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Sunday, May 8, 2011

Maths Words Problems

maths words problems
Today i write an article about maths words problems....
Mathematicians decided long ago to conserve on words and
explanations and replace them with symbols and single letters.

The only problem is that a completely different language
was created, and you need to know how to translate from
the cryptic language of symbols into the language
of words. The operations have designations such as +, –, ×, and ÷.
Algebraic equations use letters and arrangements of those letters and numbers
to express relationships between different symbols.

Words used in maths are very precise. The words have the same meaning
no matter who’s doing the reading of a problem or when it’s being
done. These precise designations may seem restrictive, but being strict is
necessary — you want to be able to count on a mathematical equation or
expression meaning the same thing each time you use it.

For example, in maths, the word rational refers to a type of number or
function. A person is rational if he acts in a controlled, logical way. A number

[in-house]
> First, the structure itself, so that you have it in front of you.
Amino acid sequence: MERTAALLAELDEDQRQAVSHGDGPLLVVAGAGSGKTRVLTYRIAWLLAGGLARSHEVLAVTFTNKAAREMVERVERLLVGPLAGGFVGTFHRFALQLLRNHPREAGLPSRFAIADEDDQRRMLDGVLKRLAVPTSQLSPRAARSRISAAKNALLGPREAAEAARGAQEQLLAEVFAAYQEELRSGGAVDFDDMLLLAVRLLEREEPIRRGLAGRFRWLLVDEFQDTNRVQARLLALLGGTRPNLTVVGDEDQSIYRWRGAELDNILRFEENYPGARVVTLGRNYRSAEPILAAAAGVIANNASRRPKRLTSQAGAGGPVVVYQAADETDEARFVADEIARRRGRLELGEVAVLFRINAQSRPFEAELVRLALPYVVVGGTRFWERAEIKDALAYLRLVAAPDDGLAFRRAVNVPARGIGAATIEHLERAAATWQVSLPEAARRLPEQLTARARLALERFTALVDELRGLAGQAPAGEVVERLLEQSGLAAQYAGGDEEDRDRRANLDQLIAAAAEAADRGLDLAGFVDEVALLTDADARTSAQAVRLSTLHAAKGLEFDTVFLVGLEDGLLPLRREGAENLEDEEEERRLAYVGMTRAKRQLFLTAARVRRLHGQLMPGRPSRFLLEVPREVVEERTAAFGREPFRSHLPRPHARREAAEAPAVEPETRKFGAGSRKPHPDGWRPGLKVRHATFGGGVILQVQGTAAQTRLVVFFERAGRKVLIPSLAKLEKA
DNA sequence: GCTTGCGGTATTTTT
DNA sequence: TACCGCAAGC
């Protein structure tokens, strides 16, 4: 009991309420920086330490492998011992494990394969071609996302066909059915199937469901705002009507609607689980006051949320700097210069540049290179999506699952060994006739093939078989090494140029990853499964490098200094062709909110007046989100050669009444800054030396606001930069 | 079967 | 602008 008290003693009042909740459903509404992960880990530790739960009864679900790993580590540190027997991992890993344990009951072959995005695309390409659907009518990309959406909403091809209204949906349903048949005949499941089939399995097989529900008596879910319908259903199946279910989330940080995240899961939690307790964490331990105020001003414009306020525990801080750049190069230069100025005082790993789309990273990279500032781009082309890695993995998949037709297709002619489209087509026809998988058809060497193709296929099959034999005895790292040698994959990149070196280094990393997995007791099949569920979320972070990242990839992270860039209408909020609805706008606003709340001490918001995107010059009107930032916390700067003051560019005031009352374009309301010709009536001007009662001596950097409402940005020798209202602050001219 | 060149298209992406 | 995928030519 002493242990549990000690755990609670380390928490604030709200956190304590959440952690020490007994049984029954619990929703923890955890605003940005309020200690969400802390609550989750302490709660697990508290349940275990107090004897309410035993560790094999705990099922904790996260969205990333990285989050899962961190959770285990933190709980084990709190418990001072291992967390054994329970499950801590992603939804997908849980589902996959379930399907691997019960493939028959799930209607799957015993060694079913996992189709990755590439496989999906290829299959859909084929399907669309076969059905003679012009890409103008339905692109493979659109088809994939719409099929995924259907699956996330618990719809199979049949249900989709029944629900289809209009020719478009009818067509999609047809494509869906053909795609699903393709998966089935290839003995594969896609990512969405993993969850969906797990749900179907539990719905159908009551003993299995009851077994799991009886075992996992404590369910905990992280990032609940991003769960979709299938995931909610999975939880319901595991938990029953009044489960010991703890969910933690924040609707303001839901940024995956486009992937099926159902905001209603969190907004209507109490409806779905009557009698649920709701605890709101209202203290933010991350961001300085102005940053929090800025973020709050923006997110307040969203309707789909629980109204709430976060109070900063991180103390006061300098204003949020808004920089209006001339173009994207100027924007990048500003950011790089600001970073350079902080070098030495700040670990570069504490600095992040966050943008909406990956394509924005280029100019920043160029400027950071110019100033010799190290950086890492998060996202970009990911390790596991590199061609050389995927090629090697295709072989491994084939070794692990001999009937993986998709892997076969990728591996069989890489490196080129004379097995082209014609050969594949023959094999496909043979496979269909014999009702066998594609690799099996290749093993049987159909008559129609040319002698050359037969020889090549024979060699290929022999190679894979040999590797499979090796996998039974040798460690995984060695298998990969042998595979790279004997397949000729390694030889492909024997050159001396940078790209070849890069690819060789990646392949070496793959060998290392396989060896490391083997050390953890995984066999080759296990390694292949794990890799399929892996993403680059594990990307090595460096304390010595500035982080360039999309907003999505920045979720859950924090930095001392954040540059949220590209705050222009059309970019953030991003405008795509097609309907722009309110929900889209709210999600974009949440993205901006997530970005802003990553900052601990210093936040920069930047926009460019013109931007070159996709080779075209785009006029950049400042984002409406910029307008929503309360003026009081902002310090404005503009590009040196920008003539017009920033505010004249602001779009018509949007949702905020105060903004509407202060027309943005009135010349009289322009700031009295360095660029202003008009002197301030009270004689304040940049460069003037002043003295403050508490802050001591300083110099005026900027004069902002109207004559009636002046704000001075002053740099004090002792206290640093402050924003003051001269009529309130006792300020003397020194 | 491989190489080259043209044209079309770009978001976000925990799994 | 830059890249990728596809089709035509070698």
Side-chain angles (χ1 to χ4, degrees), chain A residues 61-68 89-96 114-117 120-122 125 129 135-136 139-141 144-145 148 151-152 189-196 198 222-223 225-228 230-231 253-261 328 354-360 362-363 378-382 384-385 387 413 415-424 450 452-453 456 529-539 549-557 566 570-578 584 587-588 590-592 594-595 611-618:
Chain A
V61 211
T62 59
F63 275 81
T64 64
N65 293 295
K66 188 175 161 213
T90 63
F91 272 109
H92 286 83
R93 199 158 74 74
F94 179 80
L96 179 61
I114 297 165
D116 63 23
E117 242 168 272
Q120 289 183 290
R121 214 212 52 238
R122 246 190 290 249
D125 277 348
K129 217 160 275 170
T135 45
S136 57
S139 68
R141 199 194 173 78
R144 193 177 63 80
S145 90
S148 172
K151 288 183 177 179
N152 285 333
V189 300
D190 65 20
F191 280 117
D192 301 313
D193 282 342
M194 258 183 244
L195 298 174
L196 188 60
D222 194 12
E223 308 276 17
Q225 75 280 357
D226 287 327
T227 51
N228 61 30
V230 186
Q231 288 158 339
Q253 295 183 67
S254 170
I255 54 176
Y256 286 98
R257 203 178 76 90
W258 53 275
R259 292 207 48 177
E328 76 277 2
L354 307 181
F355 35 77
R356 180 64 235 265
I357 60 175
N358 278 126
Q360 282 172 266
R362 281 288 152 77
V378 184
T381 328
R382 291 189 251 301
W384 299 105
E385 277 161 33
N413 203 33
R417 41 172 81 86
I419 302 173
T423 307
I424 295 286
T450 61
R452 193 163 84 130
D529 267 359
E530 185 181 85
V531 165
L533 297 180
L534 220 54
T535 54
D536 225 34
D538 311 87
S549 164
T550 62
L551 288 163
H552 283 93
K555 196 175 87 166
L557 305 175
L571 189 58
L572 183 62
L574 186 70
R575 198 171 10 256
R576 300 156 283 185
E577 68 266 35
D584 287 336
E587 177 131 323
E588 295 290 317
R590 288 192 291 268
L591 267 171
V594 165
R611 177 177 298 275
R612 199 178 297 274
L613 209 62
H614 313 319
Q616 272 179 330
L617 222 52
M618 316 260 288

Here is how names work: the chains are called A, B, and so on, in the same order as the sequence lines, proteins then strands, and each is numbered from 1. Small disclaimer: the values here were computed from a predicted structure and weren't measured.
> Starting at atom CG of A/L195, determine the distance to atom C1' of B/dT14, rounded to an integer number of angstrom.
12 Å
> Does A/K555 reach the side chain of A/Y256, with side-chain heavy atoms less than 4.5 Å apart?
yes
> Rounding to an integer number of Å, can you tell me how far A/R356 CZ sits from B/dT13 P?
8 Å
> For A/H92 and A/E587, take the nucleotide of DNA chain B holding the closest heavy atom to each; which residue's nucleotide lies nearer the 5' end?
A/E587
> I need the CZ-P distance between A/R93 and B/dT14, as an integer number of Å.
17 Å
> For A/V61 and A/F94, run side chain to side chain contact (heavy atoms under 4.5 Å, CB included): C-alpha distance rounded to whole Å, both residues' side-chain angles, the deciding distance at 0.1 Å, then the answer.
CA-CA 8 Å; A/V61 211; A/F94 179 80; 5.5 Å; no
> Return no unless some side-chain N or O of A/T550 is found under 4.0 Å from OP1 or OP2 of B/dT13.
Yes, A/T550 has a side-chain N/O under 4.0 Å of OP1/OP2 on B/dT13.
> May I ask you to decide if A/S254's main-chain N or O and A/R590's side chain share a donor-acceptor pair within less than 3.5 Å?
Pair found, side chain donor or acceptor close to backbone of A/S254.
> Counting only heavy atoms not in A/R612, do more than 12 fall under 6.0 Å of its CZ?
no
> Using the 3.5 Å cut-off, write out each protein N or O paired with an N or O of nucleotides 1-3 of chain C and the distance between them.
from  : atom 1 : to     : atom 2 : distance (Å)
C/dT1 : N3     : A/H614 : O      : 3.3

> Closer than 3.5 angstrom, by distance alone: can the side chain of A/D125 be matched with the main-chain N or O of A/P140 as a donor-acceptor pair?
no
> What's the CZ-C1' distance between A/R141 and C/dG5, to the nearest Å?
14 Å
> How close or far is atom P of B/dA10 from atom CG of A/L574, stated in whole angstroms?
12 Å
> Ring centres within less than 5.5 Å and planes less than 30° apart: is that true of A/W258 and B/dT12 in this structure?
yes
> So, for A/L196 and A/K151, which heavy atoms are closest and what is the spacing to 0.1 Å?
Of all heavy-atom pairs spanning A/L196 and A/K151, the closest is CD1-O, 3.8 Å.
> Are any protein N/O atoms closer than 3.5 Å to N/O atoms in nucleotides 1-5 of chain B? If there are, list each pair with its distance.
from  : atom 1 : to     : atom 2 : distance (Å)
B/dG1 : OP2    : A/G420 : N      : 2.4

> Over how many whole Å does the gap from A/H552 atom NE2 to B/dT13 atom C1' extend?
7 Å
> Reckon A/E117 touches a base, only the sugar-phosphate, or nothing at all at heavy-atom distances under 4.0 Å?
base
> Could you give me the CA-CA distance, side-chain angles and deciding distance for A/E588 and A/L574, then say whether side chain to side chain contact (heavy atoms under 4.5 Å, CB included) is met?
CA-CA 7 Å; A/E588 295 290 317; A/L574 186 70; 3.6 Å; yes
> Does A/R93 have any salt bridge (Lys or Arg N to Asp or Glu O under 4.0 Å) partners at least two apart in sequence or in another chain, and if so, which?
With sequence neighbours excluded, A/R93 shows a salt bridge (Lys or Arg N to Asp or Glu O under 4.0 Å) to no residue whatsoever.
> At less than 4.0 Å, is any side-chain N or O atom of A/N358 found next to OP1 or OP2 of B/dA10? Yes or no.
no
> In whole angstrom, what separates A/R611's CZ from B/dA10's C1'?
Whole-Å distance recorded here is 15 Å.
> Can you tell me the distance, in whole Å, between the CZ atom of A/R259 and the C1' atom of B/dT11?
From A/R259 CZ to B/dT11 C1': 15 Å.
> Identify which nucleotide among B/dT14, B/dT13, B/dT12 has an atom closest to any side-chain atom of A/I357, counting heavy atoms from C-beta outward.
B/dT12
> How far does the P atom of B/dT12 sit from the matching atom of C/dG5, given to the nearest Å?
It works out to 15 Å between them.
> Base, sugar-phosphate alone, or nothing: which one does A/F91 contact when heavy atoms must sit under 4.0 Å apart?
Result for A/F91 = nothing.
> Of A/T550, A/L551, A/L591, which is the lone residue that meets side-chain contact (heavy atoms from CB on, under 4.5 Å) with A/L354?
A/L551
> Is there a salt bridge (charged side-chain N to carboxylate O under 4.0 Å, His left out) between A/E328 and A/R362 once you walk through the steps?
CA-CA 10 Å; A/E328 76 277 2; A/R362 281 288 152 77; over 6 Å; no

is rational if it acts in a controlled, structured way. If you use the word rational
to describe a number, and if the person you’re talking to also knows
what a rational number is, then you don’t have to go into a long, drawn-out
explanation about what you mean. You’re both talking in the same language,
so to speak.

Defining types of words that used for numbers
(maths words problems) Naming numbers

Numbers have names that you speak. For example, when you write down a
phone number that someone is reciting, you hear two, one, six, nine, three,
two, seven, and you write down 216-9327. Some other names associated with
numbers refer to how the numbers are classified.

Natural (counting): The numbers starting with 1 and going up by ones
forever: 1, 2, 3, 4, 5, . . .

Whole: The numbers starting with 0 and going up by ones forever.
Whole numbers are different from the natural numbers by just the
number 0: 0, 1, 2, 3, 4, . . .

Integer: The positive and negative whole numbers and 0: . . . ,–3, –2, –1,
0, 1, 2, 3, 4, . . .

Rational: Numbers that can be written as p/q where both p and q are
integers, but q is never 0:3/4,19/8,-5/21,24/6 and so on

Even: Numbers evenly divisible by 2: . . . ,–4, –2, 0, 2, 4, 6, . . .

Odd: Numbers not evenly divisible by 2: . . . ,–3, –1, 1, 3, 5, 7, . . .

Prime Numbers divisible evenly only by 1 and themselves: 2, 3, 5, 7, 11,
13, 17, 19, 23, 29, . . .

Composite: Numbers that are not prime; numbers that are evenly divisible
by some number other than just 1 and themselves: 4, 6, 8, 9, 10, 12,
14, 15, . . .

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